As seen above in data gathered from FT and AgFunder, in the past 3 years, investments in vertical farming in the private markets have increased by over 300% compared to the previous 3 year period.
Since much of this investment is so recent, vertical farming is still an an emerging market with limited public access to:
Although billions of dollars have been invested in vertical farming in recent years, most vertical farming enterprises are still private companies.
To get a complete breakdown of the top Vertical Farming Companies globally, their technology, history, and more, check out Vertical Farming Companies: The Advanced Report 2020 here!
For more simple and basic overviews, continue reading below!
Vertical farming startup Plenty has a well known list of investors, including Amazon's Jeff Bezos, but has recently caused headlines for temporarily closing some of their facilities.
Their new vertical farming proprietary architecture, Tigris, was unveiled in 2019. To learn more about Tigris, check out the video below!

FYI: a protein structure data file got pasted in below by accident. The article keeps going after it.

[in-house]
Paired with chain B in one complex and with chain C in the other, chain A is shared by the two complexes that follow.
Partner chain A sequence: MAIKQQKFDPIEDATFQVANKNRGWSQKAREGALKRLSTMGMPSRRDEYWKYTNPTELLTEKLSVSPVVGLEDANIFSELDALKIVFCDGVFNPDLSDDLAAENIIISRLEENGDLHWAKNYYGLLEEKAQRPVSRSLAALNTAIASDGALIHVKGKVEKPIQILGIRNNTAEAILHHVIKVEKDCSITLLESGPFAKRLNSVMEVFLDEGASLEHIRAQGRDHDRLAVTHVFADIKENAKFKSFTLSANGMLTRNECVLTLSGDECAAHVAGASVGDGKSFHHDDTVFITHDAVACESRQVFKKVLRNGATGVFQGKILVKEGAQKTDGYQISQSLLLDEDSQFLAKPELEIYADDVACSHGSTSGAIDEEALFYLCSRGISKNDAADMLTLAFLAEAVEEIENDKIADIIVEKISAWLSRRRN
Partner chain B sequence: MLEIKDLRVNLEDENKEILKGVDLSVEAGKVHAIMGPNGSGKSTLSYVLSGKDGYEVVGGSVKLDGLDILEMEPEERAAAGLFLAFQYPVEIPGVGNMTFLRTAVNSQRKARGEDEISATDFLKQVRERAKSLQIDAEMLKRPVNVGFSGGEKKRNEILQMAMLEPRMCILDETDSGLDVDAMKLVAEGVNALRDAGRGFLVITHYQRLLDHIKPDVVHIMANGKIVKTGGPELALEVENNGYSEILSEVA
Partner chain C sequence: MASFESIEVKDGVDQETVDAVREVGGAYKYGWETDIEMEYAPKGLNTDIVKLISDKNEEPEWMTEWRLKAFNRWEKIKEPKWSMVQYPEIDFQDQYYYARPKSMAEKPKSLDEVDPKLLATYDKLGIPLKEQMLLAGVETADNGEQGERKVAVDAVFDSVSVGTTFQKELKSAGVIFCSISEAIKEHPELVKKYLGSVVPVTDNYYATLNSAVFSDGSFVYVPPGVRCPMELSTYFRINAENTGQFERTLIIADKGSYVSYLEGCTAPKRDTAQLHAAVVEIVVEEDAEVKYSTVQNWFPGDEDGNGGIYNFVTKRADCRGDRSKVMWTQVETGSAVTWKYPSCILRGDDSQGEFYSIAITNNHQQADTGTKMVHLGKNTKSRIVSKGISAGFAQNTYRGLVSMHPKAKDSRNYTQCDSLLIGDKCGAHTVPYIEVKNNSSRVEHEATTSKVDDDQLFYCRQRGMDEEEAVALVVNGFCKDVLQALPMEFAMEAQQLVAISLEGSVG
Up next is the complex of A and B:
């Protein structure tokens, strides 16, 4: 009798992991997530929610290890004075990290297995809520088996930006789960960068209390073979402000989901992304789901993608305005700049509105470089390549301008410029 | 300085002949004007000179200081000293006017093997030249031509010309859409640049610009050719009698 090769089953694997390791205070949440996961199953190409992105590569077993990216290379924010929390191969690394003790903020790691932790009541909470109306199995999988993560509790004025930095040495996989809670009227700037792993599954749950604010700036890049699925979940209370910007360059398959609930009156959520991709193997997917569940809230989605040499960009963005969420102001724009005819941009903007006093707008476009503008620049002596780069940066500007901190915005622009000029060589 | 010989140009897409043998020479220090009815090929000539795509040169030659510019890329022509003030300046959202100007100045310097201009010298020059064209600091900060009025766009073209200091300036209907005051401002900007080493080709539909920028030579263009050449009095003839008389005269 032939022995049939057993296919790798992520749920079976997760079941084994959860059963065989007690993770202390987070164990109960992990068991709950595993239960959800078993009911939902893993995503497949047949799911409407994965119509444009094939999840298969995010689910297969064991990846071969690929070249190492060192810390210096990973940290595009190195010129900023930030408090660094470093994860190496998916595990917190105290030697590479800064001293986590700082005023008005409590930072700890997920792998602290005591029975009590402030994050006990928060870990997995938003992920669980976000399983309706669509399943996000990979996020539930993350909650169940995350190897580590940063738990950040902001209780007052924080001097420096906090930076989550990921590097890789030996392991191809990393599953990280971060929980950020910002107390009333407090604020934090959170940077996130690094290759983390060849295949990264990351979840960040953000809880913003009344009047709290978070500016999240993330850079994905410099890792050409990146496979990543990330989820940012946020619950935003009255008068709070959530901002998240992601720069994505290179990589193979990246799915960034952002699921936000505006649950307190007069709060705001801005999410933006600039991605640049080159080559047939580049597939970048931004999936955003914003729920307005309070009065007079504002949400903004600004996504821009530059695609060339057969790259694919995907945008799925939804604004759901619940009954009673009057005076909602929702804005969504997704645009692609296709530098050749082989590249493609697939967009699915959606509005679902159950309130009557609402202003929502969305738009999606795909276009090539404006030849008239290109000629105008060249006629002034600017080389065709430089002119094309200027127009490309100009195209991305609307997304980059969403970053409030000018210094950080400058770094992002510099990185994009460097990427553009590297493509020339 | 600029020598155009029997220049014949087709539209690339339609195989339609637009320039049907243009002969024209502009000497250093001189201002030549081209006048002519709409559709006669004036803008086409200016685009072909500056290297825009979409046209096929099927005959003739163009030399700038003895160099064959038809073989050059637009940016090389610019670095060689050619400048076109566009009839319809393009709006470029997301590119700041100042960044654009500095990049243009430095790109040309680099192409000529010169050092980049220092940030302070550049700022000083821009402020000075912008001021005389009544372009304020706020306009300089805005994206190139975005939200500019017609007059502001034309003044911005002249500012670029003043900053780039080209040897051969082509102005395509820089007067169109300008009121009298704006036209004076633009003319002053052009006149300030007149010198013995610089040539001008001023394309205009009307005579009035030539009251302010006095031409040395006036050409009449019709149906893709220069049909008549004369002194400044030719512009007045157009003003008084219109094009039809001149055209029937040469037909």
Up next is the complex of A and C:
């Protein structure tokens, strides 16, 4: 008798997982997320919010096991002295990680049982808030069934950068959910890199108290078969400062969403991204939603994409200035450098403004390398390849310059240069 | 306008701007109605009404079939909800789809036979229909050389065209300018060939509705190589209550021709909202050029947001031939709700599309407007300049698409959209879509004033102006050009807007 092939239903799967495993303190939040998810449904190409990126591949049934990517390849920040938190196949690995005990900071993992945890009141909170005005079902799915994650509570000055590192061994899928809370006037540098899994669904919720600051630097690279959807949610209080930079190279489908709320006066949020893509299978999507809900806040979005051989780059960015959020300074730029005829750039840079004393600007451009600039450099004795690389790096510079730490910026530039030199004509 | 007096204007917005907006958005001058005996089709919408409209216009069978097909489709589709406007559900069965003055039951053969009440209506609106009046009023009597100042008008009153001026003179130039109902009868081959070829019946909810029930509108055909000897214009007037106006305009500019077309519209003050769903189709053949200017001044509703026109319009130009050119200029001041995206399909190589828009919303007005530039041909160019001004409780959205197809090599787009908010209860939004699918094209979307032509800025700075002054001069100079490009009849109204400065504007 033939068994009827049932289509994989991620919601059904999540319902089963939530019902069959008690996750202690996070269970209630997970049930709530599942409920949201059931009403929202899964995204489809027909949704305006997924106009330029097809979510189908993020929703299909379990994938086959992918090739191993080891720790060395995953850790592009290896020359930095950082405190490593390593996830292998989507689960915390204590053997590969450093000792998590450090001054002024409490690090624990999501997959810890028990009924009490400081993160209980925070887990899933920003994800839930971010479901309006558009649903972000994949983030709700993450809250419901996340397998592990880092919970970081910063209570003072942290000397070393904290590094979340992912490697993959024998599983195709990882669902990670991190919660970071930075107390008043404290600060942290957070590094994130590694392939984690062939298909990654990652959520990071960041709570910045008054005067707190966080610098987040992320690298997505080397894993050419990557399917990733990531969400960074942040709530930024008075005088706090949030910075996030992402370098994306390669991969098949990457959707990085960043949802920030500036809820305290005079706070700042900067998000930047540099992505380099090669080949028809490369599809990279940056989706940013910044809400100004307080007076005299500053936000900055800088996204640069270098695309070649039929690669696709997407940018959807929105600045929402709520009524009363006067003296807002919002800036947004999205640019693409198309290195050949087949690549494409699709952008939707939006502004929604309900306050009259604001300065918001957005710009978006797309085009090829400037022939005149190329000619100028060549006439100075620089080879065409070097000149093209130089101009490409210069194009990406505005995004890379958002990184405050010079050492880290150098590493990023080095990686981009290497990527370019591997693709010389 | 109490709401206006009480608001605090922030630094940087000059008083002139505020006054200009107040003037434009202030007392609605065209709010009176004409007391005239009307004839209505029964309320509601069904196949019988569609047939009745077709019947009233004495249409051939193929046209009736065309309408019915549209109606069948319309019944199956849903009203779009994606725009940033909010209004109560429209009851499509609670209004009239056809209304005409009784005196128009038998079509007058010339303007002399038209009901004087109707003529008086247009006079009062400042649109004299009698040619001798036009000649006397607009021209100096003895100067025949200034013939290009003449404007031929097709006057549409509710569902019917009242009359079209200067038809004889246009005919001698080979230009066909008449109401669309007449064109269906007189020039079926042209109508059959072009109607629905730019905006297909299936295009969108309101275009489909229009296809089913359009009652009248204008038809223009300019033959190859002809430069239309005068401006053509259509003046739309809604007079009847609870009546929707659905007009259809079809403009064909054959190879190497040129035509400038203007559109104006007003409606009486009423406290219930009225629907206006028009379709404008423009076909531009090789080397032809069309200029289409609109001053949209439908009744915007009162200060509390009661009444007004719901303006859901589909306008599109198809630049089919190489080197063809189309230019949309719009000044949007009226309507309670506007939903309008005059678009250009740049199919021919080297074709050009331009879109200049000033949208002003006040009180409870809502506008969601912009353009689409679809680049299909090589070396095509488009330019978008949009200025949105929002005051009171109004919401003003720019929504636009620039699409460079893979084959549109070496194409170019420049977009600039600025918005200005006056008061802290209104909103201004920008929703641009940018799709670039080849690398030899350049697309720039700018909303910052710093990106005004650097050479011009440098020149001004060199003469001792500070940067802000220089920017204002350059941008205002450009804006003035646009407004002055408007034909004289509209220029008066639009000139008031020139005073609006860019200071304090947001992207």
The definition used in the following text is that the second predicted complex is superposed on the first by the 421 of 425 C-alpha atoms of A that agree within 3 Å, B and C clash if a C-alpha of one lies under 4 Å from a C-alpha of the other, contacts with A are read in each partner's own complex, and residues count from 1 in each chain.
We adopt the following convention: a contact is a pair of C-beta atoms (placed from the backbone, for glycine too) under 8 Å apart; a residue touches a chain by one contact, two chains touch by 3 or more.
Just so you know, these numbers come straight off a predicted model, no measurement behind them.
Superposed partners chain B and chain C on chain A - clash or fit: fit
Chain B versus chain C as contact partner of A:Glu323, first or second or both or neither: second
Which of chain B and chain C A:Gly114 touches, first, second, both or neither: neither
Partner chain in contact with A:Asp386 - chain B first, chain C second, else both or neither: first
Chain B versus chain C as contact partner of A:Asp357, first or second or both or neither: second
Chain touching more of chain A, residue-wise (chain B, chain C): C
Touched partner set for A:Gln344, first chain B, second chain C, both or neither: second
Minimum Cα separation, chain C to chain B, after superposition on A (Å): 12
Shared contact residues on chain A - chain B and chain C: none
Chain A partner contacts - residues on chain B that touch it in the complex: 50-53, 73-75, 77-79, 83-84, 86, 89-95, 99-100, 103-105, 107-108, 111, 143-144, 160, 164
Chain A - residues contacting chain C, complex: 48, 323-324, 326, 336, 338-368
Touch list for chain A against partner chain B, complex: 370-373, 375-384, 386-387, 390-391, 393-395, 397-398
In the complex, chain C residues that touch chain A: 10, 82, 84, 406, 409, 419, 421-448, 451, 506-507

Aerofarms has been "charting a course for a new standard of totally controlled agriculture" since 2004, so they have been researching vertical farming best practices for some time now.
Their proprietary vertical farming stacked designs reportedly use 95% less water and produce 390x higher yield per square foot annually than normal field grown techniques.
Here's a quick summary:
Vertical Harvest is 3 story hydroponic greenhouse in Jackson Hole, Wyoming, USA. It grows year-round and employs disabled members of local community.
But here's the crazy part:
The facility is only 4,500 sq feet, (418 square m), and utilizes a similar "carousel" design to the Plantogon controlled by timers to optimize light exposure.
Yield is approximately 100,000 pounds per year (45,000 kg approximately).